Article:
Women-led Countries Performed Better in Pandemic Response  

Women-led sectors and nations have been at the forefront of the COVID-19 response – despite only a quarter of global leaders being women, speakers at a World Health Assembly side-event noted on Friday. 

“Women have been delivering good health pre-pandemic – and during the pandemic,” said Dr Farah Shroff, head of the Maternal and Infant Health (MIH) Canada, which co-sponsored the event with the Geneva Graduate Institute’s Global Health Center.

Calling women’s leadership during the pandemic “a game-changing moment for women at the helm,” Shroff said a “big difference” in COVID-19 response effectiveness was found in two groups: countries with female leadership and countries that prioritize the well-being of society, as opposed to more individualistic or business-oriented leadership. 

“[They] have really been the unsung heroes and ‘she-roes’ of this pandemic; 2021 is the tipping point for female leaders.”

Female Leaders Acted Sooner 

Marcia Castro, chair of the Department of Global Health and Population at the Harvard TH Chan School of Public Health

Women-led countries have flattened curves, implemented efficient vaccine rollouts and taken effective economic measures, she said. Research shows that these leaders were quicker to respond to the crisis, increasing public health spending, closing borders and enforcing mandatory stay-at-home orders.  

“Countries that have had some of the best responses are led by women,” Harvard University Professor Marcia Castro agreed. “Although women are still the minority in leading countries, we need to take that as an example — and carefully look at the differences in leadership, particularly when we face a major public health emergency.”  

Rwanda is noted for leading the world in women’s leadership – 67% of parliamentarians are female –  but its public health progress is just as noteworthy. Despite low resources (per-capita GDP is US $820), Rwanda has a vaccination rate of 90%.

Ninety-three percent of girls ages 12 to 22 are vaccinated against the human papilloma virus (HPV) to prevent cervical cancer, said Agnes Binagwaho, Vice Chancellor of Rwanda’s University of Global Health Equity.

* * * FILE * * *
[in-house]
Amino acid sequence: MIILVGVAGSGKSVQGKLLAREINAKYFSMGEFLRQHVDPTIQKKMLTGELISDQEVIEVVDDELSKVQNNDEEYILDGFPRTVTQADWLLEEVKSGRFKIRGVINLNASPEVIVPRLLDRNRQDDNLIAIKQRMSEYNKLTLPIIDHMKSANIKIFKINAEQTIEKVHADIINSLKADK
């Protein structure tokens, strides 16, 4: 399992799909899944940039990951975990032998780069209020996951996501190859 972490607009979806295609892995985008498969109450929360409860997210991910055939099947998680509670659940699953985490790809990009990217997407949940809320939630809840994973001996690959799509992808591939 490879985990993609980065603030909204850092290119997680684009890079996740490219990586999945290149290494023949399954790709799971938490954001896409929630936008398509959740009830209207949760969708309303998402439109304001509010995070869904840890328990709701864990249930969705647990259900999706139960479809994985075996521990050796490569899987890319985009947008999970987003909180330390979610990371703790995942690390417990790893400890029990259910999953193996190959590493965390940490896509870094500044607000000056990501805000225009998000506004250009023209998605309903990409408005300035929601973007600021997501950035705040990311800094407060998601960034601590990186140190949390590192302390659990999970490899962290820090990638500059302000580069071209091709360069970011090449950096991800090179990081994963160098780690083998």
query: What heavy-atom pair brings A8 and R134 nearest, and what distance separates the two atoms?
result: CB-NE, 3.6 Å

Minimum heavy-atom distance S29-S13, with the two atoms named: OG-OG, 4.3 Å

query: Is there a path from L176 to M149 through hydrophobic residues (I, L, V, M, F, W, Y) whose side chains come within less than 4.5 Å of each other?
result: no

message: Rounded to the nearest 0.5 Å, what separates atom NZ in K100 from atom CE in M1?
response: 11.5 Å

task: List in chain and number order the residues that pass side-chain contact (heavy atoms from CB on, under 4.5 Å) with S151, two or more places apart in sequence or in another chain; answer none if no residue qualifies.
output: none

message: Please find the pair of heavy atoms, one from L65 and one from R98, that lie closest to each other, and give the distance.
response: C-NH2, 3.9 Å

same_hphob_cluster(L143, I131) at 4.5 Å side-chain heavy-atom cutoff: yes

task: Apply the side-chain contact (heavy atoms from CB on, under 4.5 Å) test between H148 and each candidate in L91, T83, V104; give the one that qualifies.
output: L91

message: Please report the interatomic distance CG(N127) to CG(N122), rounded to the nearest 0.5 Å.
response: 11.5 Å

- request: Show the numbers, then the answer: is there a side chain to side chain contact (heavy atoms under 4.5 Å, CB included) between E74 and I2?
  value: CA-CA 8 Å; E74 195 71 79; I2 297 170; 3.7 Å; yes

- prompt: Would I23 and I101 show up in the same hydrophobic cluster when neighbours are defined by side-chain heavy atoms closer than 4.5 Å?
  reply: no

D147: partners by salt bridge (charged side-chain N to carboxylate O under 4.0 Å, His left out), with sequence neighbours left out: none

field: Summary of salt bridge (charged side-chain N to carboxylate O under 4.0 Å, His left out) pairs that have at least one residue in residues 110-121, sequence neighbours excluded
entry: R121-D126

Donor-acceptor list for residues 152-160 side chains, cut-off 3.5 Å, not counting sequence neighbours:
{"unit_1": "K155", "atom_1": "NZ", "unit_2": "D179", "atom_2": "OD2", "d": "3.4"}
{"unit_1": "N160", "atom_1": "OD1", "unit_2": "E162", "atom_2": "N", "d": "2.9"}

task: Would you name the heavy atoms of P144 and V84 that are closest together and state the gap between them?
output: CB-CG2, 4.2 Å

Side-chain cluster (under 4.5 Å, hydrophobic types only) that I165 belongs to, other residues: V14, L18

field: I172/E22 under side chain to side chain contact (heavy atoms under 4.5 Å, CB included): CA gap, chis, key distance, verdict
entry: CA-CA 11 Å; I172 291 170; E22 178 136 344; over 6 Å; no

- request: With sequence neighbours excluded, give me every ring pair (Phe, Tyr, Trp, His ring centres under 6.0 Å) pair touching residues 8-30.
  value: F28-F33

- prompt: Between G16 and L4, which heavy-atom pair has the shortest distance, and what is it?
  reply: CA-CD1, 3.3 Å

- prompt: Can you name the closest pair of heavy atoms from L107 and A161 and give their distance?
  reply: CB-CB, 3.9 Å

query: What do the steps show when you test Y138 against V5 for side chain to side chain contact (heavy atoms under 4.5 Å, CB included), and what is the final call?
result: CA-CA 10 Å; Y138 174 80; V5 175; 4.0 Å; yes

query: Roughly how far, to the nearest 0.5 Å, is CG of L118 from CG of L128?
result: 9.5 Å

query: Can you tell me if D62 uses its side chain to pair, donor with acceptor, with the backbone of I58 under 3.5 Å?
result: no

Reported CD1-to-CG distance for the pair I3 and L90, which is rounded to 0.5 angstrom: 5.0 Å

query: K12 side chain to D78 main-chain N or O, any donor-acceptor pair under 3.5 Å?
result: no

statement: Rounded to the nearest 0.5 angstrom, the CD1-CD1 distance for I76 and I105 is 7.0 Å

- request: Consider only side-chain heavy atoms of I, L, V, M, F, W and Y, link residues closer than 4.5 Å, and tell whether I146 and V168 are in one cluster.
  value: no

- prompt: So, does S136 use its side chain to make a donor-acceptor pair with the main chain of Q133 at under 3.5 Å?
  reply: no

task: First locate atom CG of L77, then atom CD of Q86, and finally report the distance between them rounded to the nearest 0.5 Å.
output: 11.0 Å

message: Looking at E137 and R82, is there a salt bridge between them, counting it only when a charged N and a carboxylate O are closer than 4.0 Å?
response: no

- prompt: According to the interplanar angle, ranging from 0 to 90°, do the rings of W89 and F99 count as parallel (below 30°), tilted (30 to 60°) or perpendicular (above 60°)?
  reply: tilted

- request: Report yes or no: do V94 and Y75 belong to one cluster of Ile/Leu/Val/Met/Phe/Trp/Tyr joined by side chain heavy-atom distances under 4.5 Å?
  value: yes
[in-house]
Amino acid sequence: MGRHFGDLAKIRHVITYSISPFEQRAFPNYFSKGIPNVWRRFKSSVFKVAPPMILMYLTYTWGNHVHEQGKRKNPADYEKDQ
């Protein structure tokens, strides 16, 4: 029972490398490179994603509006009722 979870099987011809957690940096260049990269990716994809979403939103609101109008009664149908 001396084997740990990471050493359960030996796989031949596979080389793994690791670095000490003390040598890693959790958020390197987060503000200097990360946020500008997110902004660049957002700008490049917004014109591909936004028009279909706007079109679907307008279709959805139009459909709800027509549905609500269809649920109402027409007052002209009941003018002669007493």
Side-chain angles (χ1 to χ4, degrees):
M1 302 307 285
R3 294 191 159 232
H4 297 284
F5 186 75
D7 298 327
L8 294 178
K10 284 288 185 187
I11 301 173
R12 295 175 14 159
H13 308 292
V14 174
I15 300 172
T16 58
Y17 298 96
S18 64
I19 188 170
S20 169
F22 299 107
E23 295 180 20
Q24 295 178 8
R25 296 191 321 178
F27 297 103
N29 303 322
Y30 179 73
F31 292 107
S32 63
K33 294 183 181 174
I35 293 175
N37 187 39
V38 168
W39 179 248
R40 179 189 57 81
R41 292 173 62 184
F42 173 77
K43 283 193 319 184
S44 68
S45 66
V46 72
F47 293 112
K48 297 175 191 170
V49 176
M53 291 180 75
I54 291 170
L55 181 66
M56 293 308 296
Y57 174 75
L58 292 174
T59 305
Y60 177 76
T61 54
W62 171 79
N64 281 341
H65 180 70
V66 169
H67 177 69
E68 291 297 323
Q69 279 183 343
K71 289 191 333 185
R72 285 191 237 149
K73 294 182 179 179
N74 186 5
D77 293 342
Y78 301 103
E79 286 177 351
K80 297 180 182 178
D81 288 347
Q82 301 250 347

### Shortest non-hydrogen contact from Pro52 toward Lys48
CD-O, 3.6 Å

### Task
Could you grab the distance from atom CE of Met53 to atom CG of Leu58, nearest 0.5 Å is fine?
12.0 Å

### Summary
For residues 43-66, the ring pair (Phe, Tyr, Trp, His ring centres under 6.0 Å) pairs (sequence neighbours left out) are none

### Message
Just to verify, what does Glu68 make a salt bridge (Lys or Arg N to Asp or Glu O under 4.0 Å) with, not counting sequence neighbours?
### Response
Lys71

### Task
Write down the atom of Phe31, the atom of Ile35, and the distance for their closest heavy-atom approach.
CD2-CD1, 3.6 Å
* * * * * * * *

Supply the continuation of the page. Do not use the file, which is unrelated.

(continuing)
“Even during the time of COVID today, where primary health care resources are pulled out of health care systems to respond and be prepared for COVID-19, [Rwanda] has kept that line of primary care and family planning,” she said. “Despite the huge gender discrimination women are facing, we are making the difference.” 

Agnes Binagwaho, Vice-Chancellor of the University of Global Health Equity, Rwanda

Satya Lakshmi, director of India’s National Institute of Naturopathy, spoke about the unsung heroes of the pandemic, from doctors to community health workers, including Accredited Social Health Activists (ASHAs), local women trained as health educators and promoters with health ministry funding. 

Lakshmi also said collective self-help groups helped Kerala’s women by spurring local production and exchange of goods during lockdowns. 

Leadership Lessons For Future Pandemics

Speakers emphasized that compassionate leaders governing on behalf of society as a whole made a difference in the current pandemic, and they asked that these qualities not be forgotten in future crises.

“We know there’s going to be other pandemics – not just viral pandemics, but a whole variety of other pandemics that have been brewing and stewing for a long time,” said Shroff. Giving racism, neo-colonialism, violence against women, and other issues as examples.

She said leaders must “not go back to business as usual. … This COVID moment can catalyse a kinder, gentler world where we prioritise science, we prioritise human health, and we can collaborate with each other across borders.”

Image Credits: Graduate Institute Geneva.

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